iSTAR Medical SA, a clinical-stage medical device company pioneering truly biocompatible solutions for glaucoma, today announced positive results from two clinical trials of its micro-invasive glaucoma surgery (MIGS) implant MINIjectTM.
Both studies showed consistently outstanding reduction of intraocular pressure (IOP) and reduced need for IOP-lowering medication in over 50 patients with open-angle glaucoma, following standalone MINIject implantation.
Two-year final outcomes from iSTAR Medical’s STAR-I trial and six-month results from its European trial STAR-II have been accepted for presentation at the European Glaucoma Society (EGS) meeting, now postponed to December 2020 following the Covid-19 pandemic.
The STAR-I trial
The mean reduction in IOP in patients implanted with MINIject in STAR-I remained consistent around 40 percent throughout the study. Moreover, nearly half of the patients were medication-free at trial conclusion with a mean reduction of nearly one (0.8) IOP-lowering medication. A minimal reduction in corneal endothelial cell density (ECD) was observed.
“The final results of the STAR-I trial for MINIject two years after standalone implantation are particularly promising because they show both significant sustained IOP reduction, and a large number of medication-free patients longer-term”, commented Doctor Ike Ahmed, University of Toronto, a global leading authority in MIGS.
“The iSTAR Medical truly biocompatible MIGS device enhances natural aqueous humor flow through the supraciliary space, which promises to be a reliable and safe approach for the treatment of patients with glaucoma,” Doctor Ahmed added.
The STAR-II EU trial
A total of 29 patients have been implanted with MINIject in eight European centers in France, Germany, and Spain as part of the STAR-II trial and will be followed-up for two years.
· The mean reduction in IOP in these patients was 40 percent, with 55 percent of patients on no medication at six months.
· The trial met its primary endpoint by far exceeding the pre-defined success rate at six months. In fact, over 75 percent of patients achieved diurnal IOP between 5 and 21mmHg with at least 20 percent IOP reduction from baseline.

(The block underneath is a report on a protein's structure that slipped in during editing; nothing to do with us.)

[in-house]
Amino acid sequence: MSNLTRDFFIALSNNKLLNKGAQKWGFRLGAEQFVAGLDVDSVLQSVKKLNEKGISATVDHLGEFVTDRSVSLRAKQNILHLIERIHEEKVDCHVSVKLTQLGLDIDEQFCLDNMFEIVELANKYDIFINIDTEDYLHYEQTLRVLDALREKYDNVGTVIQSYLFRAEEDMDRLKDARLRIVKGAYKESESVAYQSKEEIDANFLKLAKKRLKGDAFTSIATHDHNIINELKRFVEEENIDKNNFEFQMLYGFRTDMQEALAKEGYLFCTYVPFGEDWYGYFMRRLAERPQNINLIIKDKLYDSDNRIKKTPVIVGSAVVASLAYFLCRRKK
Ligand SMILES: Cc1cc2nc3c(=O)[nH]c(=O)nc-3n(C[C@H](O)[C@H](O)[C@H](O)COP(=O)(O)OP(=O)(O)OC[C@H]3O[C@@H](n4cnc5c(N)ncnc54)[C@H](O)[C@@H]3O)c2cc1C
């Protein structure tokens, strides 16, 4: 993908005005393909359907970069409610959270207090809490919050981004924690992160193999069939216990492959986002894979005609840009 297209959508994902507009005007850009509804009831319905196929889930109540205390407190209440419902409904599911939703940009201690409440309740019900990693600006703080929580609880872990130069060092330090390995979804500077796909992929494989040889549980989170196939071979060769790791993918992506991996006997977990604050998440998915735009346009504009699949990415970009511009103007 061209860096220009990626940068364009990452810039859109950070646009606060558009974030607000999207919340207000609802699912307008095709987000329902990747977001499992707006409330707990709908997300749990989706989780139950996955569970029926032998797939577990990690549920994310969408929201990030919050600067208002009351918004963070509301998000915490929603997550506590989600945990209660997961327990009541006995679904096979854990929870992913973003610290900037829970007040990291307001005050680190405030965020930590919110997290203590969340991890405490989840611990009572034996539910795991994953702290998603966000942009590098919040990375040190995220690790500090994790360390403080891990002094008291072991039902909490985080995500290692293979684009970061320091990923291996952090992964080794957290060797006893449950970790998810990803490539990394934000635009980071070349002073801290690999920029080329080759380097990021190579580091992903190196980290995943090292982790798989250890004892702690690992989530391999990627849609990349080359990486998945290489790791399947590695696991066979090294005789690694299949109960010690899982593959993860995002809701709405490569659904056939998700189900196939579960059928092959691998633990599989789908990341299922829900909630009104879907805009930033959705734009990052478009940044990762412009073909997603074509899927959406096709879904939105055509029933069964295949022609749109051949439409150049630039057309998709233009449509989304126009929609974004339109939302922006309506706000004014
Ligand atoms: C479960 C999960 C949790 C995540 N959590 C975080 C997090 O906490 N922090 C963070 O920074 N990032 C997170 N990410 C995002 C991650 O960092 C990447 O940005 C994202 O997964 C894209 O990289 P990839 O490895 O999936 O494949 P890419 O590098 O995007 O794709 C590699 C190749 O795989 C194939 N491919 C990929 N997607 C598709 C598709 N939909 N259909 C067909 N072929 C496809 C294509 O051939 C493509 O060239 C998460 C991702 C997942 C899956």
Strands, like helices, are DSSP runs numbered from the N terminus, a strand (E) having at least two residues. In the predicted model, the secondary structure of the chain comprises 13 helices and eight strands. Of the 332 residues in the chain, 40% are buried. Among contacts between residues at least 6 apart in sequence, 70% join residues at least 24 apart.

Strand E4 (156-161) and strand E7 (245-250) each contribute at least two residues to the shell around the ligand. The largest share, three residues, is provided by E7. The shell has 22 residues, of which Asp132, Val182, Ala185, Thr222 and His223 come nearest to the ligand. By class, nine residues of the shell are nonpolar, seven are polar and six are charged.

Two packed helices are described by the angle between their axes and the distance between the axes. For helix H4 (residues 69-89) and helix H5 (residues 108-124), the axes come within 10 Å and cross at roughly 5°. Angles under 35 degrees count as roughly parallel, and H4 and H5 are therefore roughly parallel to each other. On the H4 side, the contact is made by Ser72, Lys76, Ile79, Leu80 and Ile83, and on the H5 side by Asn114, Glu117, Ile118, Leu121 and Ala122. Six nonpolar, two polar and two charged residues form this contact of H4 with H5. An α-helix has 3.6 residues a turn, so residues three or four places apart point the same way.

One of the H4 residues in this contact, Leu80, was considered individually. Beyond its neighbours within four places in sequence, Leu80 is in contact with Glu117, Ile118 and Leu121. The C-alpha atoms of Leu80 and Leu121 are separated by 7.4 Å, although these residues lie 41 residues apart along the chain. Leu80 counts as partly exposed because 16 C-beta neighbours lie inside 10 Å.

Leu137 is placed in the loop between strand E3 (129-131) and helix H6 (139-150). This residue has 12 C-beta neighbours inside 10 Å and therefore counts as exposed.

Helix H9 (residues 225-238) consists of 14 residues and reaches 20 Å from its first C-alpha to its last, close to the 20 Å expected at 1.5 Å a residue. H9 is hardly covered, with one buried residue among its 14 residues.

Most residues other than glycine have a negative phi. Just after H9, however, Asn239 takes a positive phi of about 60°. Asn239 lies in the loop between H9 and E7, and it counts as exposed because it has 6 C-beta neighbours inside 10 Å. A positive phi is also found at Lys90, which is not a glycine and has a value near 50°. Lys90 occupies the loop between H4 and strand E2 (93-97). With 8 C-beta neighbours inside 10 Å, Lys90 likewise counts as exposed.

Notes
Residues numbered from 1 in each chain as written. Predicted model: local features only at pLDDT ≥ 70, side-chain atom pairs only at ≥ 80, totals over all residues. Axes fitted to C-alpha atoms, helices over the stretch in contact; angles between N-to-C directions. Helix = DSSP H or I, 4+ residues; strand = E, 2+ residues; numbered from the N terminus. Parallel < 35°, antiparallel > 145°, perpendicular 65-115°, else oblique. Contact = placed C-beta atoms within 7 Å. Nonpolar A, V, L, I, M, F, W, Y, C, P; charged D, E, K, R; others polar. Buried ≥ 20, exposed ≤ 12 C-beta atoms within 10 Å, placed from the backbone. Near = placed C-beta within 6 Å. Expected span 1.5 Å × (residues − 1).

· A mean reduction of nearly two (1.8) IOP-lowering medications was achieved.
· Minimal reduction in ECD was observed.
“The IOP reduction seen in the six-month STAR-II European trial data is substantial, considering that it results from a standalone procedure rather than from joint intervention with cataract surgery, which may augment the outcomes,” stated Prof Philippe Denis, Head of the Department of Ophthalmology, Hôpital de la Croix-Rousse, Lyon, France, and a STAR-II trial investigator.
“The STAR-II results are consistent with six-month STAR-I data,” Professor Denis explained. “Most STAR-II patients were medication-free after six months, which over time would help improve quality of life and reduce side-effects from medication use,” he added.
The iSTAR Medical biocompatible approach
MINIject’s truly biocompatible, soft, and flexible material is designed to conform to the eye anatomy and to enable the bio-integration of the surrounding tissue. This sustains natural flow and drainage by minimizing fibrosis. Implantation is a single-step procedure that is swift and predictable.
“Our unique proposition is delivering outstanding performance in IOP and medication reduction over time, to minimize disease progression and improve quality of life for patients with a minimally invasive device,” commented iSTAR Medical CEO Michel Vanbrabant. “Our approach integrates STAR®material technology with a design tailored to the supraciliary space. These trial results confirm that MINIject is on track to provide a new powerful solution to glaucoma patients without the complications normally associated with more invasive procedures,” he concluded.
Results from the STAR-I trial will be presented at the upcoming virtual American Society for Cataract and Refractive Surgeons (ASCRS) annual meeting on 16 May.